Given these challenges, banks will have to look for alternative solutions in the coming years that offer more flexibility and efficiency. They need to leverage synergies, reduce costs and complexities, and ensure high quality in the data area to provide new real-time-based products and services to their customers.
Here are some of the most innovative approaches in modern data storage:
Data Lakes are a more flexible approach to data storage, where data is stored in its original form. This means banks can process and analyze data as needed, offering more flexibility than a DWH. Additionally, Data Lakes can accommodate both structured and unstructured data, making them suitable for a variety of use cases.
Cloud data storage solutions offer many advantages over traditional models. They are scalable, cost-effective, and allow fast access to data, no matter where users are located. Cloud providers also offer advanced data analysis tools, which enable banks to extract important insights from their data.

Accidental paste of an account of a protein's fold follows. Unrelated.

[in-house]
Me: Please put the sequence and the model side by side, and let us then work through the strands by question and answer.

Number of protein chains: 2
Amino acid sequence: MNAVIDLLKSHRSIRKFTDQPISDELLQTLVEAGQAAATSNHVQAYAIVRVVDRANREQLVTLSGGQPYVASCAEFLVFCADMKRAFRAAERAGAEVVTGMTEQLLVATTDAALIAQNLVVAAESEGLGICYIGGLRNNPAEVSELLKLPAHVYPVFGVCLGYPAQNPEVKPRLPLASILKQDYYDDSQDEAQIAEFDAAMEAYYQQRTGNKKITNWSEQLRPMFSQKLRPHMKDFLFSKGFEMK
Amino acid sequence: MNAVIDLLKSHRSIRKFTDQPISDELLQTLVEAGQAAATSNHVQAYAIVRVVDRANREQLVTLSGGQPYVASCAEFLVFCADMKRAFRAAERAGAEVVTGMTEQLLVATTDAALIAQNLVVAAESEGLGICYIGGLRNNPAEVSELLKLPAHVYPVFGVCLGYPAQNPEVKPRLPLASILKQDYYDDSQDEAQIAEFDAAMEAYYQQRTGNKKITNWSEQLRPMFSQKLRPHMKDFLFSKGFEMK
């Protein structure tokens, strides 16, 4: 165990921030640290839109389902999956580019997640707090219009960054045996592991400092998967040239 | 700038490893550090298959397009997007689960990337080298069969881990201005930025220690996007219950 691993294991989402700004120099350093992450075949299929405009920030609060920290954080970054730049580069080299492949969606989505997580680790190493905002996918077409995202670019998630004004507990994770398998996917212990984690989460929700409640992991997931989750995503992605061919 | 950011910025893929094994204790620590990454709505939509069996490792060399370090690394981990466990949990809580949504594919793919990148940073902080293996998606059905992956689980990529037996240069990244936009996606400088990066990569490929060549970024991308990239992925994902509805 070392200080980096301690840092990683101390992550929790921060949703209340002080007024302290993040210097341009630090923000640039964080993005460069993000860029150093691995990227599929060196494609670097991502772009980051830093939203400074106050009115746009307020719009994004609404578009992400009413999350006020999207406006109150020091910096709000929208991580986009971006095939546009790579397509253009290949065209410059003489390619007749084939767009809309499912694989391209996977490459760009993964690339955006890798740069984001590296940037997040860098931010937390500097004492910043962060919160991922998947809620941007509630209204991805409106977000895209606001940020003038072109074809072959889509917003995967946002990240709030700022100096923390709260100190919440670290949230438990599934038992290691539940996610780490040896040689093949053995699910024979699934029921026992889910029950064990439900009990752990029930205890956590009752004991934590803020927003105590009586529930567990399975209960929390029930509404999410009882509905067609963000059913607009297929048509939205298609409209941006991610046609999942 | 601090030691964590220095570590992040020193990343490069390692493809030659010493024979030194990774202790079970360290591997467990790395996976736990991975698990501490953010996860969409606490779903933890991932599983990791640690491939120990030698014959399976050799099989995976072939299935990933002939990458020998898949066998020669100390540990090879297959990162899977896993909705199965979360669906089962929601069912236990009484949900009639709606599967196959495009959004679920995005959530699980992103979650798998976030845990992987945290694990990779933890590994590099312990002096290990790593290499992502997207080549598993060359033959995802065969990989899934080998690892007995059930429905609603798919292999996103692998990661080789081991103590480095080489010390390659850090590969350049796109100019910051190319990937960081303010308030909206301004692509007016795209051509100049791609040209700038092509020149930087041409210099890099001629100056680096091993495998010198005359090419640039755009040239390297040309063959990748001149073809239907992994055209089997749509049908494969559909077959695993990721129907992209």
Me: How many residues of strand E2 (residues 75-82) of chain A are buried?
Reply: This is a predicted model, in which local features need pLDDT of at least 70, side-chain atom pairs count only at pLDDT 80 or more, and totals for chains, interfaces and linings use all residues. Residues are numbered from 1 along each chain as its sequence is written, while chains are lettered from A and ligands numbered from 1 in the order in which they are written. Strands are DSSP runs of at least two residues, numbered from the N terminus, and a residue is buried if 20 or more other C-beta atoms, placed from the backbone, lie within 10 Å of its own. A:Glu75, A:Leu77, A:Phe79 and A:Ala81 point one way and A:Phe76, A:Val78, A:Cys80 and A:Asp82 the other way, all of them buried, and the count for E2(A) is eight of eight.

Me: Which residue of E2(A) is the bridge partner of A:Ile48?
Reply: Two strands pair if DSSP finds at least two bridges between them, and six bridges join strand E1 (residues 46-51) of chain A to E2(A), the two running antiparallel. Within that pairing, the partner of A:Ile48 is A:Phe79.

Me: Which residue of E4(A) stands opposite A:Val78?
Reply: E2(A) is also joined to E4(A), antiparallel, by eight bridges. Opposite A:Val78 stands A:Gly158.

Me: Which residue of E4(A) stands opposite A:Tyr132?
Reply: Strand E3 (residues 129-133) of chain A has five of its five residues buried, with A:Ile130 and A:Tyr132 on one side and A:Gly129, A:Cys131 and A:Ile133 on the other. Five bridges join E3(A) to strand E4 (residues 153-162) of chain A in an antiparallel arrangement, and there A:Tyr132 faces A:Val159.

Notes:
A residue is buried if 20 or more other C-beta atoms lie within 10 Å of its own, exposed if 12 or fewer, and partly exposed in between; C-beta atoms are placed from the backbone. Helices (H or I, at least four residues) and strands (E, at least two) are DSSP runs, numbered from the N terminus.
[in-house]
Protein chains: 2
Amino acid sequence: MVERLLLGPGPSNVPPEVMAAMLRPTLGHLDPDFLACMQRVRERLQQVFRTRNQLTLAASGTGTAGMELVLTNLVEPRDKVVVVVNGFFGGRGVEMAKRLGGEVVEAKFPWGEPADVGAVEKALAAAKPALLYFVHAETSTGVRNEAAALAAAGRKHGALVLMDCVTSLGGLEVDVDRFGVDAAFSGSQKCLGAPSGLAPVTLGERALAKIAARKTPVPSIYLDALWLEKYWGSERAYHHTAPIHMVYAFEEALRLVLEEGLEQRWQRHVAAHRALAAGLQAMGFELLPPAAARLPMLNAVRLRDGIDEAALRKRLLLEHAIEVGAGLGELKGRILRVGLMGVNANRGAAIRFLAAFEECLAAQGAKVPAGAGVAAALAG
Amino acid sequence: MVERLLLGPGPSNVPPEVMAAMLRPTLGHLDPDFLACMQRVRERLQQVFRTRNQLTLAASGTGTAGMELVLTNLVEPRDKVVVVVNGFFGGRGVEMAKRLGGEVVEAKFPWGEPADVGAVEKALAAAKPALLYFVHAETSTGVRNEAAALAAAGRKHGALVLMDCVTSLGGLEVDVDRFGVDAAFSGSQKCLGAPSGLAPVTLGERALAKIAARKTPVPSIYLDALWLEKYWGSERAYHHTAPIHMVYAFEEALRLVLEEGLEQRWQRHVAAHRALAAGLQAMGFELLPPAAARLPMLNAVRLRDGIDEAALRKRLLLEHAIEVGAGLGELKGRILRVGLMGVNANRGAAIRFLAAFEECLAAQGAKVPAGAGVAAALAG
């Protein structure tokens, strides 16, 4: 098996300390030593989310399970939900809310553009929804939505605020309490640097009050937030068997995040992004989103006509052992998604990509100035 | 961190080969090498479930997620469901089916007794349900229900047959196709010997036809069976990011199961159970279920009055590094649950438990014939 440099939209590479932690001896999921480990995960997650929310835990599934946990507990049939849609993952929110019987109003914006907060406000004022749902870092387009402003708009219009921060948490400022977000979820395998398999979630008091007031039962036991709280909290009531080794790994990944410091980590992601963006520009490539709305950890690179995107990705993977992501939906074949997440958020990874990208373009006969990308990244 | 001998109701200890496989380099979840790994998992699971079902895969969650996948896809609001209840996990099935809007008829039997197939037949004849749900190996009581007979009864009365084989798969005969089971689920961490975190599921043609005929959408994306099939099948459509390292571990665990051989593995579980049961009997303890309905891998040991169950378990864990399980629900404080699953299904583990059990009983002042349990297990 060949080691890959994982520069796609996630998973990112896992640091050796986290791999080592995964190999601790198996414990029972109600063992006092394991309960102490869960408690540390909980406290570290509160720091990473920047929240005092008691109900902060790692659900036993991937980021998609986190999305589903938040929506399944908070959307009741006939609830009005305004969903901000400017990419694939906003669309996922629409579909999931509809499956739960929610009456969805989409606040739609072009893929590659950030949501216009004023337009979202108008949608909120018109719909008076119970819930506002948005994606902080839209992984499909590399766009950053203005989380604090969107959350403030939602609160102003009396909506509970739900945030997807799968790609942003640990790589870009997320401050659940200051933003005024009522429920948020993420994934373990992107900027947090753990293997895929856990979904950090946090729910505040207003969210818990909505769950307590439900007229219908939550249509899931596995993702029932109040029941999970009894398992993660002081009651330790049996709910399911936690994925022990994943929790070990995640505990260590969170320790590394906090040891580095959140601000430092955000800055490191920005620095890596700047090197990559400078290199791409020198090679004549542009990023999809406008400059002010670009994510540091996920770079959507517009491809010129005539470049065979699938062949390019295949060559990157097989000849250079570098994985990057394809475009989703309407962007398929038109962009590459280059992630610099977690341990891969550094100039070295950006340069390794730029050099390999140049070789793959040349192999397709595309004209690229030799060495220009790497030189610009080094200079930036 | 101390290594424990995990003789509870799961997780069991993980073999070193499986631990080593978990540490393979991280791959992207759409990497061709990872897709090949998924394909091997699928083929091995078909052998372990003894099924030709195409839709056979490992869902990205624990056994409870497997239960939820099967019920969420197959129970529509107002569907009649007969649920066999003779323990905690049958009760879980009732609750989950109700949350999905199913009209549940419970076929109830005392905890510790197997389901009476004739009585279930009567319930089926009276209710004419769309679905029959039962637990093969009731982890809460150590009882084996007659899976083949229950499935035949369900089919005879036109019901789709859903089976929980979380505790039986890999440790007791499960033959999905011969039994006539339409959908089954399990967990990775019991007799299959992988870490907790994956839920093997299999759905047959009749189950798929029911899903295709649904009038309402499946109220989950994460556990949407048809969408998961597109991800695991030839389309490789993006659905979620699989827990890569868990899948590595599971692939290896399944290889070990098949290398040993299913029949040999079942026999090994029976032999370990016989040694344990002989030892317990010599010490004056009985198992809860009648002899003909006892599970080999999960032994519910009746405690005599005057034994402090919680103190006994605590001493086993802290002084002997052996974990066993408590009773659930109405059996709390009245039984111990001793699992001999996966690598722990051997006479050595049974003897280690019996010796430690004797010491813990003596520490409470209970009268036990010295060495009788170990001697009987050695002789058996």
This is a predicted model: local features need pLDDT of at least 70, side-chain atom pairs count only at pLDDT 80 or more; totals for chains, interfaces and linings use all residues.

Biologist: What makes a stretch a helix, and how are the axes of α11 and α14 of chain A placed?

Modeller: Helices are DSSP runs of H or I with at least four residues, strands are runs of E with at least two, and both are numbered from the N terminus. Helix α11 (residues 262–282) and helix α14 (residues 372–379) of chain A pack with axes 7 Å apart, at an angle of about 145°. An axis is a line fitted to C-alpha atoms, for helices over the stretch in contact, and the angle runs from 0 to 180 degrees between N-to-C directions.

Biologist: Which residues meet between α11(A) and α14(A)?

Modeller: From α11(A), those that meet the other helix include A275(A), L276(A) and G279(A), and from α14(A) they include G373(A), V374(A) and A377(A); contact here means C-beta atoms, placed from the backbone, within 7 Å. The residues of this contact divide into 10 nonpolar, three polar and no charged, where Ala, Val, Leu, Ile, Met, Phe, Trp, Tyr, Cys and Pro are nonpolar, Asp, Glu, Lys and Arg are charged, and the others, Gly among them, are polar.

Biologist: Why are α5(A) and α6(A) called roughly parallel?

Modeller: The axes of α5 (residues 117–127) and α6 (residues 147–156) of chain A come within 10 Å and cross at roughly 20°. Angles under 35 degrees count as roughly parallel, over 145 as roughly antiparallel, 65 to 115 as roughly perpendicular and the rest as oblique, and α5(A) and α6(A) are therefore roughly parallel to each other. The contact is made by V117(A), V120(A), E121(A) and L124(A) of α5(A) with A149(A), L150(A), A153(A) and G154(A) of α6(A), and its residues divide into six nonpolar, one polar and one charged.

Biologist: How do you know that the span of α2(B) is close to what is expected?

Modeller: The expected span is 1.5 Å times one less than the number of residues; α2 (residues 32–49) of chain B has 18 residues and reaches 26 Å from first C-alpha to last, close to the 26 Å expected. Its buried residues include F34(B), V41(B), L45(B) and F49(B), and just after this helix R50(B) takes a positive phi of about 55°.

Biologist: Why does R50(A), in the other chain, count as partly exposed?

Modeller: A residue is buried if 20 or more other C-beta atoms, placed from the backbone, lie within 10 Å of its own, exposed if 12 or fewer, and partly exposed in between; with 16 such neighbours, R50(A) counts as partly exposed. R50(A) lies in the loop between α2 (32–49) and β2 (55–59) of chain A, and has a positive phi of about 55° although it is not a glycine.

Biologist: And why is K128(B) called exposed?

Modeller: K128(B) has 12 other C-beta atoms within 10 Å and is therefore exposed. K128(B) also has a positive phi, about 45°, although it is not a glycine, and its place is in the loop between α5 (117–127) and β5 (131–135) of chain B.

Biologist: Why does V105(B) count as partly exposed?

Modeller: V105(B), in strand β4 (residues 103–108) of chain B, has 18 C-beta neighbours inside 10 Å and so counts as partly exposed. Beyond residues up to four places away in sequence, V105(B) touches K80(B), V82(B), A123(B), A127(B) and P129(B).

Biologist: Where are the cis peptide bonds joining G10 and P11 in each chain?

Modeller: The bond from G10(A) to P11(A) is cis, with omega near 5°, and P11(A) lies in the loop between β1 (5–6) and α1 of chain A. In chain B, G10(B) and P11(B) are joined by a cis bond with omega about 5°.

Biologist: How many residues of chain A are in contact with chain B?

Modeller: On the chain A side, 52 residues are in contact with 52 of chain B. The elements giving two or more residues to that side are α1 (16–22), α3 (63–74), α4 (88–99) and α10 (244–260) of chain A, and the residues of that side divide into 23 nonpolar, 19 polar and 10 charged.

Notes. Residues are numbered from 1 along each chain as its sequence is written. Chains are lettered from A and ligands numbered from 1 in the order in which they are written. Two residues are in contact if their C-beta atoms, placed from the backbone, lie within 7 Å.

Increasingly exciting are business models that modern "Tech" banks offer, complete with white-label Banking as a Service solutions and provide state-of-the-art data management. Providers also underpin this with corresponding banking licenses. Data and backend services are provided through powerful electronic interfaces (APIs) and are thus easily and efficiently tradable. This has the particular advantage that banks do not have to invest in know-how and infrastructure and can obtain ready-made solutions within a few weeks. Ongoing maintenance and provision are also offered as a service. Traditional banks thus benefit from concentrated know-how and can focus on products and distribution.
Without a doubt, database and data structure changes mean an "open-heart surgery" for a bank and are traditionally shunned by managers. Therefore, it is likely that bold houses will decide to start with a hybrid approach in the future, combining the advantages of Banking as a Service, Data Lakes, and Cloud with DWH. In such a model, structured inventory data could be stored in a DWH and transaction-related and unstructured data could be stored via a Banking as a Service solution or a Data Lake. Also, transferring the DWH to Cloud Service would make sense to ensure flexibility, stability, and scalability.